We are all a lot more consicous of germs these days, but I’ve been a little wary of them my whole life.  I know some of you can relate!  I always have antibacterial wipes in my purse, before I ask my kids if they had a good day at school I ask if they washed their hands when they came in the door, I can go barefoot outside all day but never in a hotel room…

However, there are a lot of things about germs that aren’t as obvious as, “don’t even touch the handrails on the escalator at the airport”.  Because I feel responsible for keeping client homes germ free all the time, I have done research on eliminating germs and bacteria and thought I would provide some guidance to all of you on how to disinfect your laundry.

A few facts that might surprise you…

  • The washing machine won’t kill most of the germs in your laundry, even with the hot water cycle.  Washing machines can actually spread germs while items are being washed.
  • More soap in your washine machine will be counter-productive.  Our newer He washing machines become less effective when too much soap is added.
  • Your dryer is the most effective place to kill germs and bacteria.  Germs and bacteria thrive when humidity is between about 23-77%.  High heat and high humidty is best, (humidity above 77%)  but high heat in the absence of any moisture is also good.
  • Towels of any kind (especially those from the bathroom & kitchen) are typically the dirtiest things we wash.
  • Although I love vinegar for general cleaning, it is not effective against these nasty viruses. (according to the CDC and FDA)

What you can do…

  • If someone is sick, wash their clothes seperate from everyone else’s.  Remember the dyer is where they will be disinfected, so keeping items seperate in the washing machine will reduce the risk of spreading germs.
  • Wash towels seperate from clothes, for the same reason.  Also, we don’t have to worry about shrinking towels so washing them separate allows us to use the highest heat possible in the dryer and then we can dry towels extra long.  This allows high heat and humidity at the begining of the cycle and high heat with little to no humidity at the end.  I always wash my towels this way and it helps with the mildew smell in the summer months.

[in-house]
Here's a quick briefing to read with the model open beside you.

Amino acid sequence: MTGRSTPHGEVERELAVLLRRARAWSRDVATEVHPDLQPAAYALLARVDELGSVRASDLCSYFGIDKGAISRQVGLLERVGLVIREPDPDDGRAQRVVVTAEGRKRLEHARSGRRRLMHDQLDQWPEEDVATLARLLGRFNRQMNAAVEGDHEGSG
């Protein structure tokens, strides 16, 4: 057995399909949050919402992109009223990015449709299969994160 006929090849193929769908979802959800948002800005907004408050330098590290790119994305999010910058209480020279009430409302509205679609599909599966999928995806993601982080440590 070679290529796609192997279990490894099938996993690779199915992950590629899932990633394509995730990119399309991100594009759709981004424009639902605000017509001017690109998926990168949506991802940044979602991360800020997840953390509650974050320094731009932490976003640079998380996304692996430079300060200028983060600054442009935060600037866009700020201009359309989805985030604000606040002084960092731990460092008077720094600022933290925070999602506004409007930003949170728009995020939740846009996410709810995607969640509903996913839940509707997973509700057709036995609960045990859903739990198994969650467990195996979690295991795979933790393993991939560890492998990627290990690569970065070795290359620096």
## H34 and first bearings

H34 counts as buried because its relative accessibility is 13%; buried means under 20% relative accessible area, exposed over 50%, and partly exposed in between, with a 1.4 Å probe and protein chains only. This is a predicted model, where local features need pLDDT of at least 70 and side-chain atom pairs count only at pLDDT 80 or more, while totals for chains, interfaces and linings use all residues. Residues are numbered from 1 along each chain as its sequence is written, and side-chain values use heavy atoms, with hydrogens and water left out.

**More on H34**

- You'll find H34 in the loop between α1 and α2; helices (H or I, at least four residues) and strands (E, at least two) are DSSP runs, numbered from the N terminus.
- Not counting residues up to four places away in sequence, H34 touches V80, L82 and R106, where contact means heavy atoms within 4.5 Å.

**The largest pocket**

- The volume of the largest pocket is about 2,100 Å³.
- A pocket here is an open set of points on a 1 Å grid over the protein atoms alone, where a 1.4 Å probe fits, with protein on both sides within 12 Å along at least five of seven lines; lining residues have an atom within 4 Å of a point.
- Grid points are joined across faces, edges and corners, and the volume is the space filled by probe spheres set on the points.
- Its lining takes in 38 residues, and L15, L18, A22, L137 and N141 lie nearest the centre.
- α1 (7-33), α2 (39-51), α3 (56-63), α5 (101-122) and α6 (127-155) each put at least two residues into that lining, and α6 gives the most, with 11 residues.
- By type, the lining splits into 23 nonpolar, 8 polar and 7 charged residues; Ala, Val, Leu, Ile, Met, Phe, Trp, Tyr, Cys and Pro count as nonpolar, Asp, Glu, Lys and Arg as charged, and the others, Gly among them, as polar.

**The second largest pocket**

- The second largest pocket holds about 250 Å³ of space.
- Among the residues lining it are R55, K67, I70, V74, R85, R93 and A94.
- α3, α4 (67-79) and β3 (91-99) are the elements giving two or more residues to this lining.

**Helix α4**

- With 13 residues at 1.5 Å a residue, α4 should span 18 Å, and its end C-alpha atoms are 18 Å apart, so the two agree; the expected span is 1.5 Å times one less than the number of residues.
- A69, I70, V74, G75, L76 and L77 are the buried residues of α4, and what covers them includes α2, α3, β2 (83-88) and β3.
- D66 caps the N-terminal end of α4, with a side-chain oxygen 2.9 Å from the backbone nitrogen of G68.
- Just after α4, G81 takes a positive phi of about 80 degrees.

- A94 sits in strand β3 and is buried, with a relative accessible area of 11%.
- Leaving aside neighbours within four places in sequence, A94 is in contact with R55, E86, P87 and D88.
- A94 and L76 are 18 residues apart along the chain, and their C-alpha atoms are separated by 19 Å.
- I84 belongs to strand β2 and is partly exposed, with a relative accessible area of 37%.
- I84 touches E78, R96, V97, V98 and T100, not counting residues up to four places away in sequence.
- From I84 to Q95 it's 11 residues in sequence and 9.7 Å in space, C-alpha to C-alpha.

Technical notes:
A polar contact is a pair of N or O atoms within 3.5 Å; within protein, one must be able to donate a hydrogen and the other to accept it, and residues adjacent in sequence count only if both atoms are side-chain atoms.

• If you have special clothes that must line dry and can’t be exposed to high heat, drying them in the sun will also help kill germs.
  • After washing towels, cleaning rags or clothes from someone that has been sick, clean your washing machine to prevent the spread of germs in the next load.  Run a cylce with an empty washing machine and add bleach into the dispenser. If you can not use bleach, you can also use Hydrogen Peroxide (3% solution).  Although I regularly clean my washing machine with vinegar to clear odors and soap build up, it is not effective against the germs and bacteria we are currently working to eliminate.

There is also a laundry product, Lysol Laundry Sanitizer,  approved by the FDA to work against the coronavirus in the washing machine.  However, at this time I can not find any source where it is available for purchase.

Although the dryer is very effective, drying something that has not been washed and is not wet when added to the dryer is not effective.  For example, you can not take your child’s jacket that he wore to school and place it in the dryer to kill germs.  You need to wash the dirt away in the washing machine and have the jacket wet when placed in the dryer to create a high level of humidity during the dry cycle.

Last, if you have cleaned your home and want to make sure sponges or rags are exceptionally clean and sanitized you can place a large kettle of water on the stove and place rags & sponges in boiling water for 15 minutes.  This is considered the best possible way to kill all germs and bacteria.